View Full Version : Crowley: The Critic & Parlor Room Artiste

Howard Brown
August 25th, 2008, 03:19 PM
The State ( Columbia,S.C.)
December 7,1913
Page 11
What do you know about Aleister Crowley? Ever heard of him before? Neither had I until I found an article by him on "Art In America" in the current English Review,cheek by jowl with one by Israel Zangwill on the "Militant Suffragetes". Since then I have looked up crowley in "Who's Who", but without finding him so much as mentioned therein and all that I know about him now apart from the fact that he doesn't consider that America has produced any art of that Americans have any real culture is ( and this I read in the Times ) that he was the ringleader of those who removed the coverings that the french authorities caused to be placed over Jacob Epstein's now famous memorial to Oscar Wilde in Pere Lachaise cemetery the other night, without,apparently, getting any thanks for doing so from the sculptor thereof.
However,since he is welcomed to the pages of the periodical which publishes Masefield,Hewltt, and incidentally, John Helston, one supposes that Aleister Crowley must have some standing in the literary world, though it is worth noting that the editor of the English Review is careful to remark that Crowley's opinions are not necessarily those of the periodical. The fact is that Crowley is the superior person in excelsis,yet this article on "Art In America" contains some thought and its author reveals a wider reading of American literature than most natives can claim. he says,too, that he has lived on the prairie, and he glories in the grandeur of American scenery.
"Of American culture", he says,"I have one perfect sample. Traveling from Nagasaki to Hong Kong, two mature maidens from Massachusetts discovered that I sometimes wrote and 'took me up'. "And who" I asked, "is your favorite poet?"
"A warm flush overspread each sallow cheek as the two thin mouths exclaimed."Rossetti ! ". "And which" ( I tactlessly pursued) "which of his poems do you like best?"
"This remark closed the conversation. they had put the name Rossetti down in a notebook: and right there,culture ended."
"This I found characteristic of many American women. I have seen American girls in Italy laboriously writing down the names of more painters than I shall ever know,without any further comment than the dates at which they painted. To ask a single question on the broadest lines was to court silence; in fact, it became the most useful method in my daily life and conversation."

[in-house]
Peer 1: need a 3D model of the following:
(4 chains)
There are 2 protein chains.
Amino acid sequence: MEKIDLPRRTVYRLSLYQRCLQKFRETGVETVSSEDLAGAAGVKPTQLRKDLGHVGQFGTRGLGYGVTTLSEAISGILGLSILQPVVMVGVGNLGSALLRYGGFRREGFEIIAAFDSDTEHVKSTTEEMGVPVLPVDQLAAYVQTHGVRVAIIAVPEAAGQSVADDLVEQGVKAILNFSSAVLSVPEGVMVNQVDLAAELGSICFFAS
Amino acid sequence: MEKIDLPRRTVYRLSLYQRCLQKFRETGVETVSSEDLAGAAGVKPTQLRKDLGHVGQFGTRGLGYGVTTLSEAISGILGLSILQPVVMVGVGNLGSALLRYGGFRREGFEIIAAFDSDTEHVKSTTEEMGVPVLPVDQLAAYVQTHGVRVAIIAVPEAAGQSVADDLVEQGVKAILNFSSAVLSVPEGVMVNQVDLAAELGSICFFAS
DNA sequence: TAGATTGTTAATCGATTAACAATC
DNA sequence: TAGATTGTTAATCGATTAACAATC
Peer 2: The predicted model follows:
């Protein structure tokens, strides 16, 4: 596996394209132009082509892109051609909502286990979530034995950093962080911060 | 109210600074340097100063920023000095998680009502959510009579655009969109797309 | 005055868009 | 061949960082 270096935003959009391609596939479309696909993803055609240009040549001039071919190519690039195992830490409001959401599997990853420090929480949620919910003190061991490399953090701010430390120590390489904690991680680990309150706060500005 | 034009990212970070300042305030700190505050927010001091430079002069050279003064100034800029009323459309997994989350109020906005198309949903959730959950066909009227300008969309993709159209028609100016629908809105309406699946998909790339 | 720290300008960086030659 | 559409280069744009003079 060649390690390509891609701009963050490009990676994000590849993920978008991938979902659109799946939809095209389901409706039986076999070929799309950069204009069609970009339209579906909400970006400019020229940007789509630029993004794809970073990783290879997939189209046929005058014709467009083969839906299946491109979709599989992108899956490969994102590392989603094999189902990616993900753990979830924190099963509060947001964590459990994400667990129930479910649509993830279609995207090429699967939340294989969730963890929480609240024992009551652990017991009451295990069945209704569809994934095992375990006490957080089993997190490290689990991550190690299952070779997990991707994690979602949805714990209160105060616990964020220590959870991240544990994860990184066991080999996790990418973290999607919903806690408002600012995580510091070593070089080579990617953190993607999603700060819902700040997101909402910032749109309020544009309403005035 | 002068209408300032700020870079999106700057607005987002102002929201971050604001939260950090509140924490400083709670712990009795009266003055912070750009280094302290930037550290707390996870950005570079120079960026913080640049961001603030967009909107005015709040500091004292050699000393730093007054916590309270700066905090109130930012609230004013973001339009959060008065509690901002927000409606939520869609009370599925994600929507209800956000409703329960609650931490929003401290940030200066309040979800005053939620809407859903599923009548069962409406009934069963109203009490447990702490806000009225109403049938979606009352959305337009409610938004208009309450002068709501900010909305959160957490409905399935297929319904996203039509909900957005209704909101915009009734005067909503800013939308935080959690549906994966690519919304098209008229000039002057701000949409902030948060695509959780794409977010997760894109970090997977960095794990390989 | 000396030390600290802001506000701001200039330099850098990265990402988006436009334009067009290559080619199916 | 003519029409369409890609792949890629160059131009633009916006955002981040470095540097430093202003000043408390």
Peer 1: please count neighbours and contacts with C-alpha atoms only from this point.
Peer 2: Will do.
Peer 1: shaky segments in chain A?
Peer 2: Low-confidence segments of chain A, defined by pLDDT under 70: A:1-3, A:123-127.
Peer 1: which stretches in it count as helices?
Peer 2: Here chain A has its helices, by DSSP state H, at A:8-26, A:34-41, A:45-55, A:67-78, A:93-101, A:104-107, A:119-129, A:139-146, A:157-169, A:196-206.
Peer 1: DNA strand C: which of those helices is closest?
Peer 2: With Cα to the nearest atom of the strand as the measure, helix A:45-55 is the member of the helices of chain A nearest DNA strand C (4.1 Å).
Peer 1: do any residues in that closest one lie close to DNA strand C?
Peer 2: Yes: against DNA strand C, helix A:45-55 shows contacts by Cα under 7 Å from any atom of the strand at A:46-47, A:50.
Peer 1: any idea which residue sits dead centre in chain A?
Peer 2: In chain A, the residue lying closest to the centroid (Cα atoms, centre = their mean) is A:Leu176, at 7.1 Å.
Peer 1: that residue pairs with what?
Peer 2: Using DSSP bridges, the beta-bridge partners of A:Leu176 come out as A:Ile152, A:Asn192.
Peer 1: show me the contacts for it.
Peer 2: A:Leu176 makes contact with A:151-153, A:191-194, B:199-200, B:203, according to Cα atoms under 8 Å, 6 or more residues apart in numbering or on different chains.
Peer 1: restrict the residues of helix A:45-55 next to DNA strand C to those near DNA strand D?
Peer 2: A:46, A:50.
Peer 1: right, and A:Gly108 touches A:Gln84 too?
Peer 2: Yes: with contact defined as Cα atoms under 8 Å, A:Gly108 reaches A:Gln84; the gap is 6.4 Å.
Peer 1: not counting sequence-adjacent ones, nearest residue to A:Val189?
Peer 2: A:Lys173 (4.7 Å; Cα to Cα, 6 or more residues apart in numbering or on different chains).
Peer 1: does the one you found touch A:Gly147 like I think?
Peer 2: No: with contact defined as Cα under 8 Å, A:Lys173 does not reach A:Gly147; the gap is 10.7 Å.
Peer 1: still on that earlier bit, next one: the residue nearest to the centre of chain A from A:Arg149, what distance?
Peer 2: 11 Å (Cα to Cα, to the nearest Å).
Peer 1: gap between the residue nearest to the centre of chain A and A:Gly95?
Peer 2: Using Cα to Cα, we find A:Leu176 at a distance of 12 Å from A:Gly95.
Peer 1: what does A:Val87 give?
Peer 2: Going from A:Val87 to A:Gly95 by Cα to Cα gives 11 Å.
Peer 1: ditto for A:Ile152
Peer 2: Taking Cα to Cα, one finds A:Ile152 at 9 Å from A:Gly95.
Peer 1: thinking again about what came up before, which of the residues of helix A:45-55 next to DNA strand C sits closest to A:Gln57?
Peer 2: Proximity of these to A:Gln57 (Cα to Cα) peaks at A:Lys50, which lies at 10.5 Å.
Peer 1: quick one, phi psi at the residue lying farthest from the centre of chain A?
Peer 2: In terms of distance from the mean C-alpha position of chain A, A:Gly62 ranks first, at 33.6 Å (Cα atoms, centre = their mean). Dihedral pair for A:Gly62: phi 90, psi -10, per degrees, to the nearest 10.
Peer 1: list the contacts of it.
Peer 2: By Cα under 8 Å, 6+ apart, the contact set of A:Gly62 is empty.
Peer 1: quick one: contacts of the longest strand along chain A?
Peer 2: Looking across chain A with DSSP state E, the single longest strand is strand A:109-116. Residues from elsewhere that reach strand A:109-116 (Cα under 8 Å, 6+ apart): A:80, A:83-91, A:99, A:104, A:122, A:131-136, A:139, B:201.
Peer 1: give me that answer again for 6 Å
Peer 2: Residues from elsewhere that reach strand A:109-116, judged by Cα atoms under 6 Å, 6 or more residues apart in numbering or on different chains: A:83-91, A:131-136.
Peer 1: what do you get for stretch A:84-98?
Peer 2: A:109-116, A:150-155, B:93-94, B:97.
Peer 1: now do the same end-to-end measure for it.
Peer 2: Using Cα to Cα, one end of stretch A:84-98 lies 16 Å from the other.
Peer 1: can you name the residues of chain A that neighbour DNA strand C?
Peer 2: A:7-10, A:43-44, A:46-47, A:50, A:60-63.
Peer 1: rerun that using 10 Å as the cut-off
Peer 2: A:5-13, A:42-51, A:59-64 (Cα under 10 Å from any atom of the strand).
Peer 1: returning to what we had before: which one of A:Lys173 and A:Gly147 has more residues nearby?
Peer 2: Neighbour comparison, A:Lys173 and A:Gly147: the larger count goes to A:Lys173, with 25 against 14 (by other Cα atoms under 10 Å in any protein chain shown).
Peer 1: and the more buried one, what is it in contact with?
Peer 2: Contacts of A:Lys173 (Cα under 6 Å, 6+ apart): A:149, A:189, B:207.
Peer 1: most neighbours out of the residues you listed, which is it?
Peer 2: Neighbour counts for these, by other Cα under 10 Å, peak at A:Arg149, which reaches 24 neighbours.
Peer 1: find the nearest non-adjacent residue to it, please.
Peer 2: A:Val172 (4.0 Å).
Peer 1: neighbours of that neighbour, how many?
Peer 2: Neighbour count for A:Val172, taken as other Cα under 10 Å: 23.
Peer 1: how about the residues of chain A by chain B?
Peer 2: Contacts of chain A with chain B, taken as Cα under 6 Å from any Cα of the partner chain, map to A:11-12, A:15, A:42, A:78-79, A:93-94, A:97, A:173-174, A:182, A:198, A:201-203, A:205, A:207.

Crowley concedes greatness to Walt Whitman,less to Poe and still less to Emerson, and these, to him,comprise American literature. "Most of Longfellow" he declares," is pop-gun loaded with pop-corn. Bryant is on the whole even more spectacled than Longfellow and Whittier is little better than Moody and Sankey."
Canada,one gathers,Crowley esteems even less than her great neighbor. "Toronto", he says," makes a Sunday in a Scotch village seem like a hasheesh dream !"
Even this writer however is hopeful of America and his article is not wholly a "roast". "The Himalayas, he remarks, "are too big for any one to sing and America is all Himalayas of one kind or another.."
No doubt", he cocludes, "when immigration stops...when the negro problem and the Japanese problem and the labor problem and political problem and all the rest of the problems are solved, when a class arises which has time to reflect upon life instead of living it, American art will lead the world."--Hayden Church

Howard Brown
August 25th, 2008, 03:21 PM
The Oregonian
Jan. 1,1911
Page 10
London Society Leaders Gladly Pay Mystic $25 For Soul-Mate Rites
London, Dec.31st--
Fashionable devotees of occult rites in the metropolis have been offered a large selection of thrills by one Aleister Crowley, who has conducted certain ceremonials,called the "rites of Eleusis".
Women whose pastime is to come to clairvoyant oracles and women in search of soul mates paid $25 each and flocked to the entertainment provided by Magician Crowley. His idea was to tap the infinite by means of ecstasy. To produce that disconcerting condition he arranged seven ceremonies named after the planets of the zodiaceal system. Colors played a considerable part in the rites. Visitors to the rite of Mercury, for example, were recommended to wear "shot silk and mixed colors", while those attending the rite of Venus were advised to wear green or sky blue.
Crowley's rites were performed amid clouds of pungent incense calculated to half stupefy sensitive women, while the main part of each ceremony consisted of recitations from Swinburne, given in total darkness by someone with a strong American accent, aided by a badly played violin accompaniment.****
Golden harvests can be reaped in London nowadays by any pseudo-mystic clever enough to exploit the vogue for occultism that has laid hold of society women. Crowley's success is inspiring wizards from the East,black magic adepts and conjurers from the four corners of the world to look at Mayfair as their bonanza. And although all such practices when performed for profit are illegal, the police do not interfere,unless occasionally to summon a poor woman for fortune telling. Altogether,the high-class exponents of hanky panky are enjoying a good time.

***Heh,heh....remind you folks of anyone?:violin:

Dustin Gould
August 26th, 2008, 08:51 PM
Crowley the art critic?

Between sodomizing young boys and binging on heroin while locked away in the Abbey of Thelema, when did he have time to review anything? :der: